A ‘bare metal server’ is a single user physical server. The term is used today to distinguish it from modern forms of virtualization and cloud hosting.
baremetal dedicated servers not shared with other Host users. Each server can perform any amount of work for the client or can have multiple concurrent users all according to the hired server’s settings, but they are entirely dedicated to the client who is renting them. Unlike many servers in a data center, they are not being shared among multiple clients.
The term “bare metal” is used to describe IT environments where the operating system is installed directly on the hardware rather than a system layer hosting multiple virtualizations (VMs).
This model ensures more control for the server owner and lower latency in data access as it avoids processing steps via software layers. For performance and speed-sensitive applications, Bare Metal can bring gains over virtualized servers.
Bare Metal server Advantages:
Superior input/output processing of operations per second (IOPS)
Greater consistency with disks and network for the performance of Input/Output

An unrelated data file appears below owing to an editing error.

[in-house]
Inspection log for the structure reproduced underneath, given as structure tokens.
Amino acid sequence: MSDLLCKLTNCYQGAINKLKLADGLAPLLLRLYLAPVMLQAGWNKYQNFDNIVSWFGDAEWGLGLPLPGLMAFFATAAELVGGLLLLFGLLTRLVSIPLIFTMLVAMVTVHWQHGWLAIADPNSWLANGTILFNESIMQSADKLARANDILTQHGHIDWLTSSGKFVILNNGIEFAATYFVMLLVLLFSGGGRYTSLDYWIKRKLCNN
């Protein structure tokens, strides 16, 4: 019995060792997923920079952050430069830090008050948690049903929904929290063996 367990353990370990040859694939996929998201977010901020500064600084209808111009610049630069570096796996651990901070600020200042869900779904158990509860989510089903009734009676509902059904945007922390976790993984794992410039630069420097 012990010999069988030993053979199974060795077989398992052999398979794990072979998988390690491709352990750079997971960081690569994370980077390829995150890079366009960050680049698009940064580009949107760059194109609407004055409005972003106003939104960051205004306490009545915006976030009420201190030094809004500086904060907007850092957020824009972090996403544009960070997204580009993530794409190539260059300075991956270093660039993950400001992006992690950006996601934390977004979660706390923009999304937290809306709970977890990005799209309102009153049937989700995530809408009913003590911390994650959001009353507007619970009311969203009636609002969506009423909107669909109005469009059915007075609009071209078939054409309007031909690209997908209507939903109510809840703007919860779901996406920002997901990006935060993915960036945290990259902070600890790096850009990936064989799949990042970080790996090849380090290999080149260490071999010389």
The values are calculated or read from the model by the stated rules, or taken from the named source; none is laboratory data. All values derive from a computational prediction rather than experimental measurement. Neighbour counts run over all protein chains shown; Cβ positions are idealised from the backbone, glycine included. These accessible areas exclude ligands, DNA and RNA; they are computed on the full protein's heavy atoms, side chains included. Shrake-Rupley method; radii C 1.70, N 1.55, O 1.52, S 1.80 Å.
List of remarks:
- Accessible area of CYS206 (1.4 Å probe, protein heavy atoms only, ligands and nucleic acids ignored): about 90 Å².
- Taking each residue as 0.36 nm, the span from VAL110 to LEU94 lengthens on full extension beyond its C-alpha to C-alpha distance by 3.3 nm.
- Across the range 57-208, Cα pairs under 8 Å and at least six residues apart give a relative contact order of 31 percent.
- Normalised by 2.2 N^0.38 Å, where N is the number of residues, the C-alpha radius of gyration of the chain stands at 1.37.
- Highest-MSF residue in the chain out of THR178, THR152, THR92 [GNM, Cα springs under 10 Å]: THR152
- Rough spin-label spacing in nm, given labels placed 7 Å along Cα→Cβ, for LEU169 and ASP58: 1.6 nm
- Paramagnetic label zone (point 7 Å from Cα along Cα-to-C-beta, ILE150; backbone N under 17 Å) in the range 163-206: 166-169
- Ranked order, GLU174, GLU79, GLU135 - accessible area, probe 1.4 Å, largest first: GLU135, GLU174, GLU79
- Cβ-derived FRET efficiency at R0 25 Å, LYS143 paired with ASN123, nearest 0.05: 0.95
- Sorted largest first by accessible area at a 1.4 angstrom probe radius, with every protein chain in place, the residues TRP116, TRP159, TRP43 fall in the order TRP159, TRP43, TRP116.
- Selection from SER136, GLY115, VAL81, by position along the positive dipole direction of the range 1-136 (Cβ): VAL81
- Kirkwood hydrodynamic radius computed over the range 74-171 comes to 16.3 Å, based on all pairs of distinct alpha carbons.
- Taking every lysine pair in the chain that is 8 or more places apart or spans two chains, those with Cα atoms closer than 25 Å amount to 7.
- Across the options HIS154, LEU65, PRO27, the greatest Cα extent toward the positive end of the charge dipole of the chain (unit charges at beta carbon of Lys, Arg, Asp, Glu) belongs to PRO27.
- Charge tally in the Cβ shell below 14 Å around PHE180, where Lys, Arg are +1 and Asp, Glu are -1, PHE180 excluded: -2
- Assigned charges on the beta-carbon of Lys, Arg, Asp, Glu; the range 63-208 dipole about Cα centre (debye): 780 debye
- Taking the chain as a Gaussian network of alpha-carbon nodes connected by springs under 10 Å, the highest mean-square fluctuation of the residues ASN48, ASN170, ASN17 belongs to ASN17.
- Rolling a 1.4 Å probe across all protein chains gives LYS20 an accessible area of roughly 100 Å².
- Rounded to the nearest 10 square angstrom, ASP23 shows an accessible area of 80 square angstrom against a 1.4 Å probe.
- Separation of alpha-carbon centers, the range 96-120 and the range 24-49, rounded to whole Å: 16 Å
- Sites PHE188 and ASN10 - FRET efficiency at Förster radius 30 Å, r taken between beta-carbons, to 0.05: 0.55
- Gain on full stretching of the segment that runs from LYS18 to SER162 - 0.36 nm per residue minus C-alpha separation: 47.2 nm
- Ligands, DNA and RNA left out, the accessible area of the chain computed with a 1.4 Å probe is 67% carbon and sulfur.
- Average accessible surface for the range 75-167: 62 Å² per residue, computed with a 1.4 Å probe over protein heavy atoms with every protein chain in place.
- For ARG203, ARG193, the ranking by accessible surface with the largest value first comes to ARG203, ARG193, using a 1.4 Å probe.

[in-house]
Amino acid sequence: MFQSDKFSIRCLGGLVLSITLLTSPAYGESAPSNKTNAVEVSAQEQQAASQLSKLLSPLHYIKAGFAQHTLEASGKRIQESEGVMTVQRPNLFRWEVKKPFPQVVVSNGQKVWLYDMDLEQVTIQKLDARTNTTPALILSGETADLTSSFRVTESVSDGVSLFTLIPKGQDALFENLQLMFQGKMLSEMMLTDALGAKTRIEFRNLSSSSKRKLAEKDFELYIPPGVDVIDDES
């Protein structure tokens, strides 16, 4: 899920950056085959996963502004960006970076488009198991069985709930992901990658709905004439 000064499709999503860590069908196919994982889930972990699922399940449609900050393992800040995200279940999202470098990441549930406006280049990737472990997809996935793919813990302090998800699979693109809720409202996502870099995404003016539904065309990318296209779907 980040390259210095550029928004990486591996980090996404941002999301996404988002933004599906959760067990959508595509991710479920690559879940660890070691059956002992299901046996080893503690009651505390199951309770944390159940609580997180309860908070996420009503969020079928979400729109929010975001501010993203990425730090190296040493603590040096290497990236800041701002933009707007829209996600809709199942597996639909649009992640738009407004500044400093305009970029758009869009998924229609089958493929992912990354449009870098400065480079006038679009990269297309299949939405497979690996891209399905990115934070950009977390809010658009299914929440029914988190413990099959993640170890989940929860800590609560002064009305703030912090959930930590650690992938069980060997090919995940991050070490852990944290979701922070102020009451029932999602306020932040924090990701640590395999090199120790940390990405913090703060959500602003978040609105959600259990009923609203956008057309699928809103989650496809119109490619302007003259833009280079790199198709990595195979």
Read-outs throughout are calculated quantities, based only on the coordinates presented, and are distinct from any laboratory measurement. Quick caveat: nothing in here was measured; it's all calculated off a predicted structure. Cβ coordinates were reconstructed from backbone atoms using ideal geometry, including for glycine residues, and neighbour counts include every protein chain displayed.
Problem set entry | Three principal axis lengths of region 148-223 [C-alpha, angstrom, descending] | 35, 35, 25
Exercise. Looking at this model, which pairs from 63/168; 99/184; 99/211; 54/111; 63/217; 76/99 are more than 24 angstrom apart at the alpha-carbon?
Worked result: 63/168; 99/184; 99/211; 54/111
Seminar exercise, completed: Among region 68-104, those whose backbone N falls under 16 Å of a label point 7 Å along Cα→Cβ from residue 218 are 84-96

Service performance that eliminates problems with multi-tenant servers
Enhanced physical and logical security
Custom installations of dedicated software and media
Customizable hardware configuration
Virtualizators such as VMware and Microsoft Hyper-V have versions optimized for installation on bare metal servers.
Structure of a bare metal server
The structure of a bare metal server depends on the user’s requirements but, in general, two scenarios can be distinguished: traditional bare metal servers and bare metal servers with a hypervisor.
Traditional bare metal servers: The traditional bare metal server is a classic dedicated server in which the user-managed operating system (OS), for example, Windows Server, Ubuntu, SUSE, Red Hat, Debian or CentOS, is installed on the hardware, so that all user applications run directly on the operating system. Traditional bare metal servers house both dedicated rental servers and business servers with their hosting.
Bare metal servers with hypervisor: In the cloud environment, bare metal servers are used in combination with a hypervisor, which is installed on the hardware (native hypervisor) and offers users an administration interface to manage virtual machines. User applications do not run directly on the hypervisor, but separately on virtualized guest operating systems. The most common hypervisors are KVM (Kernel-based Virtual Machine or kernel-based virtual machine), the native virtualization function of the Linux kernel, the Microsoft Hyper-V client, VMware vSphere or Citrix XenServer.